The economy created another 215,000 new jobs in July, another tepid performance in a generally tepid economic recovery. We are continuing to reap the consequences of the conservative obstruction in Congress that has blocked the critical policies we need for real job growth and robust recovery.
The unemployment rate is stable at 5.3 percent, but the labor-force participation rate remains at the low level of 62.6 percent. Still, too many people who should be in the labor force are hanging back, because it would not be worth the effort to try to find a job. Confirmation of that impression came earlier in the latest monthly Job Openings and Labor Turnover report from the Labor Department. In May there were 5.4 million job openings, but there were 16 job seekers for every 10 job openings, according to an analysis by the Economic Policy Institute.
The weakness of the job market is also reflected in the 0.2 percent monthly wage growth, which amounts to annual wage growth of 2.4 percent. “Sluggish wage growth is the best evidence that the labor market isn’t close to overheating,” wrote Chad Stone of the Center for Budget and Policy Priorities.
Ideal wage growth would be at least 3 percent a year; the current rate of wage growth barely allows average workers to keep pace with inflation. Keeping pace is not good enough given the years of wage stagnation rank-and-file workers have experienced.
In advance of the report, economist Elise Gould at the Economic Policy Institute wrote, “If anything, the recovery has been slowing: on average, only 208,000 jobs were added in the first six months of this year, compared to an average 281,000 in the last six months of 2014.”
Some analysts counter that this slowing is the expected result of an economy approaching full employment. But this definition of “full employment” accepts a new normal that should be as manifestly unacceptable to policymakers as it is to the people pounding the pavement looking for work. This so-called closeness to full employment still leaves hundreds of communities where unemployment exceeds 7 percent and unemployment among African Americans in excess of 9 percent (still double that of white Americans) and just under 7 percent among Latinos.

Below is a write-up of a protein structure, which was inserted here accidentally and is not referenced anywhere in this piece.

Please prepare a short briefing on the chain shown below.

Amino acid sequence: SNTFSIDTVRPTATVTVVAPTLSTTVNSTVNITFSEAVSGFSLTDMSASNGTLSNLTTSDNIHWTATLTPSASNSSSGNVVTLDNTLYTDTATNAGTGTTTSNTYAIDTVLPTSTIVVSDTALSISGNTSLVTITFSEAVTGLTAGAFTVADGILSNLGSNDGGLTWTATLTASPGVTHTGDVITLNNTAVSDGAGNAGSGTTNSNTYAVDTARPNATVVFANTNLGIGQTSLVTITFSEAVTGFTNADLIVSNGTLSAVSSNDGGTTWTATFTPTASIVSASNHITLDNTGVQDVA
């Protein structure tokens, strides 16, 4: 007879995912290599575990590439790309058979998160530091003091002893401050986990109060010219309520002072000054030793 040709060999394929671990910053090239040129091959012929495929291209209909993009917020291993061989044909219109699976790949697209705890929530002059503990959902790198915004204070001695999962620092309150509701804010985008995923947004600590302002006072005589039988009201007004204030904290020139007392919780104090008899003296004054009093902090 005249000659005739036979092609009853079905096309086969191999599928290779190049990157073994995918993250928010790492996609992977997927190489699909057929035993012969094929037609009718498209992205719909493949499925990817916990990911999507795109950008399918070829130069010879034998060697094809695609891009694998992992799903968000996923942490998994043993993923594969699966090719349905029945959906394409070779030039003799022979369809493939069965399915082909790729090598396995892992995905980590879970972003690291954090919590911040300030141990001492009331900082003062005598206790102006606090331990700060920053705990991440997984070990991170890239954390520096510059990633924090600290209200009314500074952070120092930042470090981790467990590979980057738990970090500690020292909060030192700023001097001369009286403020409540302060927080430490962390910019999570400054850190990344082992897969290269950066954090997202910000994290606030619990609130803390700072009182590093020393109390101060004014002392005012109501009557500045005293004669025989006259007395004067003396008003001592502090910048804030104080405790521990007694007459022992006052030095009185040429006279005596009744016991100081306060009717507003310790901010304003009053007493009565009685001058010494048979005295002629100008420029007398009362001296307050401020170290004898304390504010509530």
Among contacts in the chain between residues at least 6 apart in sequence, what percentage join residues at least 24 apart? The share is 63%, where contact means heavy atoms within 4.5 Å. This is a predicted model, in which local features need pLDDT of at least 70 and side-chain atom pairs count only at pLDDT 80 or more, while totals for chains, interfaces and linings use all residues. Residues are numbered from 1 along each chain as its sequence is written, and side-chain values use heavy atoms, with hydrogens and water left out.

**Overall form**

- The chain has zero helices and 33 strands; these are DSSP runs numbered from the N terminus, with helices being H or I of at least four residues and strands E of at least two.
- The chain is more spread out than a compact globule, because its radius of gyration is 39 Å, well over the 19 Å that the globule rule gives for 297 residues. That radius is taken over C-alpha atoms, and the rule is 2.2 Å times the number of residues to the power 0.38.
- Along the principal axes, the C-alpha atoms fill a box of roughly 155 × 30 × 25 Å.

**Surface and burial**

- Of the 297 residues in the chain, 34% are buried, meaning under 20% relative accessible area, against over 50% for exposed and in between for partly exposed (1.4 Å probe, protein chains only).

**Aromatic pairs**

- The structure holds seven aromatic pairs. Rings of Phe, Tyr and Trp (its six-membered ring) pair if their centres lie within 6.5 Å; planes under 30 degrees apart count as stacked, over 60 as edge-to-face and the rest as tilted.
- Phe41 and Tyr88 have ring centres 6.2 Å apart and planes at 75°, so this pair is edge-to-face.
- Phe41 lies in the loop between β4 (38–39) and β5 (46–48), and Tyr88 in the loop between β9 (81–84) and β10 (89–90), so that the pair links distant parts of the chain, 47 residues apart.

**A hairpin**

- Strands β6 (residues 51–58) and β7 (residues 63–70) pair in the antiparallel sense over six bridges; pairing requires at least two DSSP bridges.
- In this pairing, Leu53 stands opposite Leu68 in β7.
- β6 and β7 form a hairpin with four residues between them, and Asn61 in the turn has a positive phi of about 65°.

The disconnect between the leading Republican candidates and the realities of working people was in sharp relief at Thursday’s Fox News presidential debate. There was no real discussion of a plan to rebuild America’s infrastructure, which would create millions of jobs and lead to the kind of tight labor market that would lead to a wage boost. There was no substantive discussion of how to address pockets of joblessness throughout the economy. There were a couple of mentions of wages, but no squaring of political rhetoric about favoring more working class wage growth and the effects of policies – constraints in government spending, opposition to minimum wage increases, actions to weaken union bargaining power – that the Republican candidates have supported.
The takeaway for the Democrats running for president is to resist taking credit for what has been an admittedly long “recovery” under President Obama’s watch but to emphasize how much better it could have been if we even did the Obama administration’s modest infrastructure investment plan – which was immediately smothered by Republicans in Congress – and stress that we still can do better with different leadership in Congress and the White House.
The takeaway for the Federal Reserve does not change from what we have said all this year: Do not risk short-circuiting job growth and wage growth by raising interest rates too soon. Federal Reserve chair Janet Yellen has shown wise caution in that regard up to now, defying the critics who want her to react to a nonexistent threat of inflation that they have been saying for years is “just around the corner.” The people who want to jam on the economic brakes the moment inflation hits a 2 percent annual rate are not the people who have to struggle to find a job to feed their families; Yellen should continue to keep her focus on those people first.